OQC rakes in $46 million to put quantum computers at the

The VCs have been opening their wallets and their hearts to quantum computing startups this year. The year began with Munich’s ​​Black Quant launching a €100 million quantum technology fund to back startups in the quantum technology space, Dutch/American VC firm Cottonwood stepped forward with $75 million to help drive deep tech innovations and French quantum computing startup Alice&Bob raised €27 million to build a fault-tolerant quantum computer.

In one of the biggest fundings in the domain, Zurich-based Terra Quantum, raised $60 million Series A in January and then extended the round to a total of $75 million in March.

Entering the ranks now, Reading-based Oxford Quantum Circuits (OQC) has raised $46.4 million in funding to accelerate its research and development as it looks to expand into Asia.

According to the company, it is the largest Series A fundraise for a U.K. quantum computing company. The round was led by Lansdowne Partners and Asian deeptech fund University of Tokyo Edge Capital Partners (UTEC) and backed by British Patient Capital, Oxford Science Enterprises and Oxford Investment Consultants.

Founded in 2017 by Ilana Wisby, the Oxford University spin-off specialises in quantum computer hardware. Its approach to superconducting circuits aims to reduce the error rate in quantum computers, which store information in a measurement called qubits (traditional computers use bits). The quantum computing-as-a-service (QCaaS) company claims its 3D architecture for superconducting circuits makes it less likely for the quality of a qubit to degrade, compared to two-dimensional circuits.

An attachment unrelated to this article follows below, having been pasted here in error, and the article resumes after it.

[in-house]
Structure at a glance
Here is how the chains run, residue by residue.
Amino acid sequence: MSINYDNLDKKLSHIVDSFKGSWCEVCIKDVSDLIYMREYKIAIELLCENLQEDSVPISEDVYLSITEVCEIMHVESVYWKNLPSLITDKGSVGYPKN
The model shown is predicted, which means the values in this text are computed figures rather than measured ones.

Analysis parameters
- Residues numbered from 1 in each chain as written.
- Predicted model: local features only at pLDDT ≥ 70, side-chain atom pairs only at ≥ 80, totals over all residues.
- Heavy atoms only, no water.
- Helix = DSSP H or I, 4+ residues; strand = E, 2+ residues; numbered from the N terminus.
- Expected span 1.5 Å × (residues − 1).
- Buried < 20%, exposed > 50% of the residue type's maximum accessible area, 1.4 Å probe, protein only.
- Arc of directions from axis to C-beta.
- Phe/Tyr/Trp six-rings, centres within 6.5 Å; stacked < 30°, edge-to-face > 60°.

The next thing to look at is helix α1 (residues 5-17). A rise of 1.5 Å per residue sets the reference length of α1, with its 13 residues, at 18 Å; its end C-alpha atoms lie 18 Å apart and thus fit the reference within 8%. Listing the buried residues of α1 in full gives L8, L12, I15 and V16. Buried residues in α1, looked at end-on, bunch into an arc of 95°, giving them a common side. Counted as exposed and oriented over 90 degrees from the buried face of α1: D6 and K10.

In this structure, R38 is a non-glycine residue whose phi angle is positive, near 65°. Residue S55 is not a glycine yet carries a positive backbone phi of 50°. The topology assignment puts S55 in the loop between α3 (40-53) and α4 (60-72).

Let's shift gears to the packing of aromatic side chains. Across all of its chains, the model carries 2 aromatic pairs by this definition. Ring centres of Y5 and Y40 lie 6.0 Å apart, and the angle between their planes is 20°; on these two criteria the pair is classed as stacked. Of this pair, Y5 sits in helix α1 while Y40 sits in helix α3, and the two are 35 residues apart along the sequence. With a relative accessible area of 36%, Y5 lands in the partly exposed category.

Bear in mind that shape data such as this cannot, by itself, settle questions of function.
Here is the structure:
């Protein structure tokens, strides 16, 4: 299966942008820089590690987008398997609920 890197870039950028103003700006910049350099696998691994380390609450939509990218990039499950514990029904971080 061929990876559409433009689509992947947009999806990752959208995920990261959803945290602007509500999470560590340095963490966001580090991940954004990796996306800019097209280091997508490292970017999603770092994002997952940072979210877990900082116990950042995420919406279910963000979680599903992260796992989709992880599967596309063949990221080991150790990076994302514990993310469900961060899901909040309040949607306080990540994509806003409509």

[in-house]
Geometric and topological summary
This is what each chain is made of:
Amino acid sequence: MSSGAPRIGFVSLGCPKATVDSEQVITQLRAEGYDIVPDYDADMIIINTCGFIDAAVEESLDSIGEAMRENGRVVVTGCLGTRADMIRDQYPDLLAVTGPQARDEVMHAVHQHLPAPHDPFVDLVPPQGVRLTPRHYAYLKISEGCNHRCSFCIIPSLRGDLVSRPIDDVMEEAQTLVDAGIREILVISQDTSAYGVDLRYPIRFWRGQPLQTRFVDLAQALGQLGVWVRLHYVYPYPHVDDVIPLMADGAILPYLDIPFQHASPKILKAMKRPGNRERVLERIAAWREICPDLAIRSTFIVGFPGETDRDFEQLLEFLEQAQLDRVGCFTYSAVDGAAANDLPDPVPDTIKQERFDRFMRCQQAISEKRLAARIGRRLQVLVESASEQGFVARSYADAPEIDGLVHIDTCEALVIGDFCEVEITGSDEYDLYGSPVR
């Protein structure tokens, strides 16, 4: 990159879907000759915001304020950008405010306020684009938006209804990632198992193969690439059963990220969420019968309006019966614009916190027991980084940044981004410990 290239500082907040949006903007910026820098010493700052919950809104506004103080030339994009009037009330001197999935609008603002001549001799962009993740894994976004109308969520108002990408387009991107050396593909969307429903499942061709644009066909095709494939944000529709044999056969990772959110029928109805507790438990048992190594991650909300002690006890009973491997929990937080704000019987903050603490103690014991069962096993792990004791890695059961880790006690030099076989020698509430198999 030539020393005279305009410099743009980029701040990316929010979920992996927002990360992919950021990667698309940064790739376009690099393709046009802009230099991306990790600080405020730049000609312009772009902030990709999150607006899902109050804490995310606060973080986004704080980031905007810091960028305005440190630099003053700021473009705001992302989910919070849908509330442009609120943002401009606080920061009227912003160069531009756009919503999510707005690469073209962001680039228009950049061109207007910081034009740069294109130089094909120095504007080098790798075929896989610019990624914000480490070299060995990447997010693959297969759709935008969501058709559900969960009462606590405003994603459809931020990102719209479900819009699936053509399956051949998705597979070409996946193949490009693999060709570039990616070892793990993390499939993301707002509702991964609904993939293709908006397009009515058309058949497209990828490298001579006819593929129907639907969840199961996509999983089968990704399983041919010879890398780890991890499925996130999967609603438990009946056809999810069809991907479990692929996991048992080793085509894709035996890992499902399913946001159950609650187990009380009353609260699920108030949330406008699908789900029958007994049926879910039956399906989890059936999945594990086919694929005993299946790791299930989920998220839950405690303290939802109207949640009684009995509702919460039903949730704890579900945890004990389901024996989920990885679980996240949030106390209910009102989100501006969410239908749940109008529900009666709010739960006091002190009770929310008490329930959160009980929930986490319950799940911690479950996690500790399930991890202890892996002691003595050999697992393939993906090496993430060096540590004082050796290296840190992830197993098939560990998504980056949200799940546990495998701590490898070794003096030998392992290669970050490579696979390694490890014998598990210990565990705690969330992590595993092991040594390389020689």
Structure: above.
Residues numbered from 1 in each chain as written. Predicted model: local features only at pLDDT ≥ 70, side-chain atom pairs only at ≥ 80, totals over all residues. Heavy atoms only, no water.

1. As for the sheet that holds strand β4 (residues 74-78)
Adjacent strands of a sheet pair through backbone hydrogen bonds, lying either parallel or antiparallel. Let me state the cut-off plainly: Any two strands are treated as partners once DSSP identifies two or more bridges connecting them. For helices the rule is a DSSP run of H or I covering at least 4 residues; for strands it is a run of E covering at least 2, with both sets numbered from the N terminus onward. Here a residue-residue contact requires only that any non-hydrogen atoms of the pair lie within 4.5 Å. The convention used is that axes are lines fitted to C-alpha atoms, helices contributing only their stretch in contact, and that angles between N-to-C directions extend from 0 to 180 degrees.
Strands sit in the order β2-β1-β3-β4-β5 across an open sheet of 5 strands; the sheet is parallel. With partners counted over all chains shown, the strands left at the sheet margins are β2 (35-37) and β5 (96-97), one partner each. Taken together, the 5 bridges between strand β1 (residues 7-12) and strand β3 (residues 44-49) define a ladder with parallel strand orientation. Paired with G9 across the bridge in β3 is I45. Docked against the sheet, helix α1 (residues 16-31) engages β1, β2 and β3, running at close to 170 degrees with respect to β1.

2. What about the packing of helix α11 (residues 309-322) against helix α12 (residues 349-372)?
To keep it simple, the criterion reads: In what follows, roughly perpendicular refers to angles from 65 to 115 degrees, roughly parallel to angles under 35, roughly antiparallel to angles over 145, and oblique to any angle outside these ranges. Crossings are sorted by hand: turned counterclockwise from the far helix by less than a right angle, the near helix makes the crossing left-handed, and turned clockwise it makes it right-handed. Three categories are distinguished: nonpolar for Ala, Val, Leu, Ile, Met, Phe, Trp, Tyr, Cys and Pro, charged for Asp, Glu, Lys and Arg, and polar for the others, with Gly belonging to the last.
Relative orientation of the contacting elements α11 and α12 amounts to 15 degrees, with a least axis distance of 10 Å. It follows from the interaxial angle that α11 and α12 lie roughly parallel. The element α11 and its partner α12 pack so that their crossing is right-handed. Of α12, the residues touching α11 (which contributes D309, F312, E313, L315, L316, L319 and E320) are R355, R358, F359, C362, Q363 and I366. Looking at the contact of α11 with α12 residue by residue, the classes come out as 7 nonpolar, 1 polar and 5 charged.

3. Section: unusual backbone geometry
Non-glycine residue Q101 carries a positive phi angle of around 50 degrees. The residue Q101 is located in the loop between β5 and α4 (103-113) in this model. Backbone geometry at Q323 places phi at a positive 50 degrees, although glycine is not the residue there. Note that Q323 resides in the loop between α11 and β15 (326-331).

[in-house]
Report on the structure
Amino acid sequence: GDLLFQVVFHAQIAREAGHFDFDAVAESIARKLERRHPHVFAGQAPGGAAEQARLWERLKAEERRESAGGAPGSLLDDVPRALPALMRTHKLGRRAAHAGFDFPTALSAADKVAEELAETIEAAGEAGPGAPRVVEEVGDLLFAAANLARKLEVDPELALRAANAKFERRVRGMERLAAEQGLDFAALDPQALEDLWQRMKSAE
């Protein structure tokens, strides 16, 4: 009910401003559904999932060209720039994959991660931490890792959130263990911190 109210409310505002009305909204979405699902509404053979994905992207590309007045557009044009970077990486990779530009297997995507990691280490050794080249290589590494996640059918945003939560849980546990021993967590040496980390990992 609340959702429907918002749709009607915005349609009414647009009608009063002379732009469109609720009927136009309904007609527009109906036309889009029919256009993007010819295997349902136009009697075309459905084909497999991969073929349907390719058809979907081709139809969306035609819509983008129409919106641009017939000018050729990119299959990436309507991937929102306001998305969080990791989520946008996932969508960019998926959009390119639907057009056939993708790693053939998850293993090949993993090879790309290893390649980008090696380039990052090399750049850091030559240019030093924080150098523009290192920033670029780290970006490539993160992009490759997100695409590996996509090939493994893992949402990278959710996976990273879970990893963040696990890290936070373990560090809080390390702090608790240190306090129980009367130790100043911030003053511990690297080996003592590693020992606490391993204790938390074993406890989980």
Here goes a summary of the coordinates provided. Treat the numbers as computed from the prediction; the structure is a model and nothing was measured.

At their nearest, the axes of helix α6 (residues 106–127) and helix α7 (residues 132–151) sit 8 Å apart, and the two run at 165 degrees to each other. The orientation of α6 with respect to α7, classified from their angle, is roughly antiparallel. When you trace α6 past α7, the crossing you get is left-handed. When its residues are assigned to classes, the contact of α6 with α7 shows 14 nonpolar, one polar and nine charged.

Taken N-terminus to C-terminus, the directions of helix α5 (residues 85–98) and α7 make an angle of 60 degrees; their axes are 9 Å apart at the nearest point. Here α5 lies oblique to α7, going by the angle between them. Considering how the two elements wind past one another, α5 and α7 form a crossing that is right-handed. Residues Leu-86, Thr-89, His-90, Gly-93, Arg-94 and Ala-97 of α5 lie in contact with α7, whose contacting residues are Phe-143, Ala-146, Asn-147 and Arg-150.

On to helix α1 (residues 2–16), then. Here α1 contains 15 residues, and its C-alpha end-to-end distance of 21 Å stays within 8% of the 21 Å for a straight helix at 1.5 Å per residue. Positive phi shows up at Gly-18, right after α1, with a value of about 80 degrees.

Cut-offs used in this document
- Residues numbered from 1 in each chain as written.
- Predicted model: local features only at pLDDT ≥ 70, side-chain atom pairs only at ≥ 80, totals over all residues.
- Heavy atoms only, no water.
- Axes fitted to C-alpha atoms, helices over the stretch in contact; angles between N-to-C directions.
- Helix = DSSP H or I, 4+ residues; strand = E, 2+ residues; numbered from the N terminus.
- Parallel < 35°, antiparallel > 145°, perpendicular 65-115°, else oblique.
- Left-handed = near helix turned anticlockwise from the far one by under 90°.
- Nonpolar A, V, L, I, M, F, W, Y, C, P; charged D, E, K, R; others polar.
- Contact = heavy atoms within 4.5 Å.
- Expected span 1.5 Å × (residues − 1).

Ilana Wisby, CEO of OQC said: “The investment reflects the confidence our investors have in our ability to lead the global quantum industry. It’s a testament to the significant technological and commercial progress we have achieved in recent months. It is also the first step in our international expansion, bringing quantum to our customers’ fingertips – wherever they are in the world.”

In February, the company unveiled Lucy, an 8-qubit processor, which is available for enterprise customers as part of Amazon Web Service’s (AWS) cloud-based quantum computing services.

“Since launching the U.K.’s first commercially available quantum computer, we have continued to be highly impressed with both the technical developments and also the future ambitions of OQC,” said Peter Davies, partner and head of developed markets strategy at Lansdowne Partners.